What sets “champion” companies apart 

In the past three years, 93 percent of the companies in the CEO Champions For Change group conducted a pay equity review, according to Catalyst’s report. In comparison, 58 percent of all U.S.-based companies voluntarily conducted pay equity reviews during that time. 

"Nearly all Catalyst Champions for Change companies are conducting these reviews,” Grissom said. “We define [a pay equity review] as close examinations of workforce and compensation data that ensure compensation and awards are equitable across gender, race and ethnicity. These reviews are no longer elective. They are table stakes for leading-edge companies today.”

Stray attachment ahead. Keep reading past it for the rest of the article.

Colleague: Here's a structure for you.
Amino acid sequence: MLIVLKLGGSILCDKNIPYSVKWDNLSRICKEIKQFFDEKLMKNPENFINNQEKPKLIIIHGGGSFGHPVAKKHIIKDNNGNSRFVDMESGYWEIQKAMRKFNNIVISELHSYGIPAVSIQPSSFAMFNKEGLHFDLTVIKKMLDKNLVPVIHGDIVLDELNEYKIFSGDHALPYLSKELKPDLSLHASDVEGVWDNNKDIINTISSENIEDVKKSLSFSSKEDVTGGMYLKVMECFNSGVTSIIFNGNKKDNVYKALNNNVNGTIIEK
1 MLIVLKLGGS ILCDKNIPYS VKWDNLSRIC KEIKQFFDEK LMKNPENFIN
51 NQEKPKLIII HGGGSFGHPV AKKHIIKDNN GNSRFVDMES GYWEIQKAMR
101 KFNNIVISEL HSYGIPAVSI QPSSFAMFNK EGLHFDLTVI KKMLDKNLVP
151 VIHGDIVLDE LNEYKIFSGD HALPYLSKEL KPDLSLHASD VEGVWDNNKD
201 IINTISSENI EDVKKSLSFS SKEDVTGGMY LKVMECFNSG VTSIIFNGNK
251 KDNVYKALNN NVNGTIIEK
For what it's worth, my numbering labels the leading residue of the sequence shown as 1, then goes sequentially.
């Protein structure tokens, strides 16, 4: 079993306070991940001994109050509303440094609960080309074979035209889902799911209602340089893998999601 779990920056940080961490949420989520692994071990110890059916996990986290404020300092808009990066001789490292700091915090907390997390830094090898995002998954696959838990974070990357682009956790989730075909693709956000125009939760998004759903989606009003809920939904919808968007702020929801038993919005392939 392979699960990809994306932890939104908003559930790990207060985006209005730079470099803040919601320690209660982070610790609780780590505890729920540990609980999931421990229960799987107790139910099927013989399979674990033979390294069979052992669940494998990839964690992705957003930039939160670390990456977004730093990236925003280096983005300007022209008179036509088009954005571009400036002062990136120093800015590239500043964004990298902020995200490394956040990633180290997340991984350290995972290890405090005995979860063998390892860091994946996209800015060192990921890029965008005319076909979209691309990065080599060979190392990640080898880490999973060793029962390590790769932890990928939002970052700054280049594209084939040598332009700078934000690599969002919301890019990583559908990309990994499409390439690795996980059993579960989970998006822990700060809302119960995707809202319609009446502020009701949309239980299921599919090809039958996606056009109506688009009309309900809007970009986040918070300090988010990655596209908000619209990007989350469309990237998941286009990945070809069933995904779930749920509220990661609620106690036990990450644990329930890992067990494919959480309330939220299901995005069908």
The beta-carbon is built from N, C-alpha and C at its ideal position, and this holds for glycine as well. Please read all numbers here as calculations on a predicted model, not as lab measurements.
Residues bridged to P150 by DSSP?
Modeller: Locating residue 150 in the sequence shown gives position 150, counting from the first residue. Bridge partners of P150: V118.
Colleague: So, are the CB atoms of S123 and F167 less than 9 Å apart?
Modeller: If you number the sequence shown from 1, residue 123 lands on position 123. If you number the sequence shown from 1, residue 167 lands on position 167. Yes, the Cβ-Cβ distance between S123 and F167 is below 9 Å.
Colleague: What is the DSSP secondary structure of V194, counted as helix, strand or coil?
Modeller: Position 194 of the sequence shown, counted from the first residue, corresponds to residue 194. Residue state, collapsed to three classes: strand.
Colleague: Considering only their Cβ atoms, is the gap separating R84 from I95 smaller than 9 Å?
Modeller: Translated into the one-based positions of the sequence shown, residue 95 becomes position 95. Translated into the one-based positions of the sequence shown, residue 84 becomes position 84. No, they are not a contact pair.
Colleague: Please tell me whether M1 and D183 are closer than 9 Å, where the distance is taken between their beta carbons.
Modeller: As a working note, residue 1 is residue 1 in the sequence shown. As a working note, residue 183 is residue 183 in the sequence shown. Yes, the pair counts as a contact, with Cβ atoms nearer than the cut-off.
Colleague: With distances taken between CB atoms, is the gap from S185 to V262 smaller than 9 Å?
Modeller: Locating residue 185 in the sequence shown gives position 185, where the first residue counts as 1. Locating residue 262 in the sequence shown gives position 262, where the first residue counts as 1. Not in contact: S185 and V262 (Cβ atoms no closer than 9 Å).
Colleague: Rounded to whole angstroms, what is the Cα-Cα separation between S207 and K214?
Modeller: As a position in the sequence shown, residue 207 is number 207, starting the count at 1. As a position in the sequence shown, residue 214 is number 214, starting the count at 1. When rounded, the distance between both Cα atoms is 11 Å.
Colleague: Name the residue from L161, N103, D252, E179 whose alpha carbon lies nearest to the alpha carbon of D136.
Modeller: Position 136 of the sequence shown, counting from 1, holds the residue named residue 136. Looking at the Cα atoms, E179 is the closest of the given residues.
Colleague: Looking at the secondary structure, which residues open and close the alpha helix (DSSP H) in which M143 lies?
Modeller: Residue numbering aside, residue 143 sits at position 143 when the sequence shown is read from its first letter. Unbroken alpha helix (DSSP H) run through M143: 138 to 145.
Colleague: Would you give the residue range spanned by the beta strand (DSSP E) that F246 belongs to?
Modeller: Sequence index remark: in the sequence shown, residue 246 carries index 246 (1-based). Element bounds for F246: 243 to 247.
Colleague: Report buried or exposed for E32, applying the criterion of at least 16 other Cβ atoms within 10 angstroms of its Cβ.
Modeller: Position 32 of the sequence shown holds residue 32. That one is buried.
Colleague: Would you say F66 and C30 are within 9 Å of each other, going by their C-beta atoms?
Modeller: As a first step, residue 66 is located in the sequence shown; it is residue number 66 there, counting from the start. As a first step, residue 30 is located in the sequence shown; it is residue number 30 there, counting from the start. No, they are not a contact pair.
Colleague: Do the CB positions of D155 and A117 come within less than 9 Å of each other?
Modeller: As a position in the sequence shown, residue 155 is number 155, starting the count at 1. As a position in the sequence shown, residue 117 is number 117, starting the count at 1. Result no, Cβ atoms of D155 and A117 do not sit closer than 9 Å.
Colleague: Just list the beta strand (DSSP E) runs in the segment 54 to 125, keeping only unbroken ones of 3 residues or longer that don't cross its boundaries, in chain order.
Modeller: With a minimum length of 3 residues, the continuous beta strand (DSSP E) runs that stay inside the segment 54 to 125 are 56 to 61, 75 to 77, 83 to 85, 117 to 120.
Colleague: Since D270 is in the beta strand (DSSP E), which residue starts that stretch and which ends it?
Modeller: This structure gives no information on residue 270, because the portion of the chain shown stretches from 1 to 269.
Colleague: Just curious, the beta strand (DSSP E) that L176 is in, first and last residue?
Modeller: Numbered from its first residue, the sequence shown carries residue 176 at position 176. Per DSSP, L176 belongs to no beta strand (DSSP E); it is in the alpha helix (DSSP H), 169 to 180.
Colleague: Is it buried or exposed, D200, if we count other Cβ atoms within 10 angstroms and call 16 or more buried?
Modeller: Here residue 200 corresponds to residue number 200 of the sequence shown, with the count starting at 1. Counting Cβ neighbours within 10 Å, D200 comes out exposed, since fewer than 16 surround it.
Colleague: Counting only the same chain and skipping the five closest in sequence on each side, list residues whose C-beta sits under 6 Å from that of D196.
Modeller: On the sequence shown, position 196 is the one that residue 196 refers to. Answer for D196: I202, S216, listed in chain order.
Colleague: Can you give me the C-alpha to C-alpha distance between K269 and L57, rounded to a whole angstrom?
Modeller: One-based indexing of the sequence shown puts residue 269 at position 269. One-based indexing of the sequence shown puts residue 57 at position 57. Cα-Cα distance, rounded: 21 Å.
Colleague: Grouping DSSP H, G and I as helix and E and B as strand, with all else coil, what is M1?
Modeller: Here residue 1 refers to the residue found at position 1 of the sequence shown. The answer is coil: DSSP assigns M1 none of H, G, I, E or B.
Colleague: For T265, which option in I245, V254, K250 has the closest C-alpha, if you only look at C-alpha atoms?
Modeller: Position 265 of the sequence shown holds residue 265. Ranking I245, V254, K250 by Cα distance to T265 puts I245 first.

Pay equity has positive implications for attracting top talent, reducing turnover rates and driving economic growth. Eliminating the gender pay gap will provide an estimated $447.6 billion to women and their families while reducing their poverty rate by half, according to the Institute for Women’s Policy.

Companies in Catalyst’s initiative also concentrate on retaining and advancing women in leadership, including women of color. Though the representation of women in senior leadership roles has increased over the past decade, women of color are not included in this progress. In fact, women of color are still underrepresented in leadership roles, and they are most often absent at C-suite levels. In Champions for Change companies, women occupy 30 percent of executive positions and 34 percent of senior managerial positions — compared to 24 percent and 29 percent, respectively, in other companies.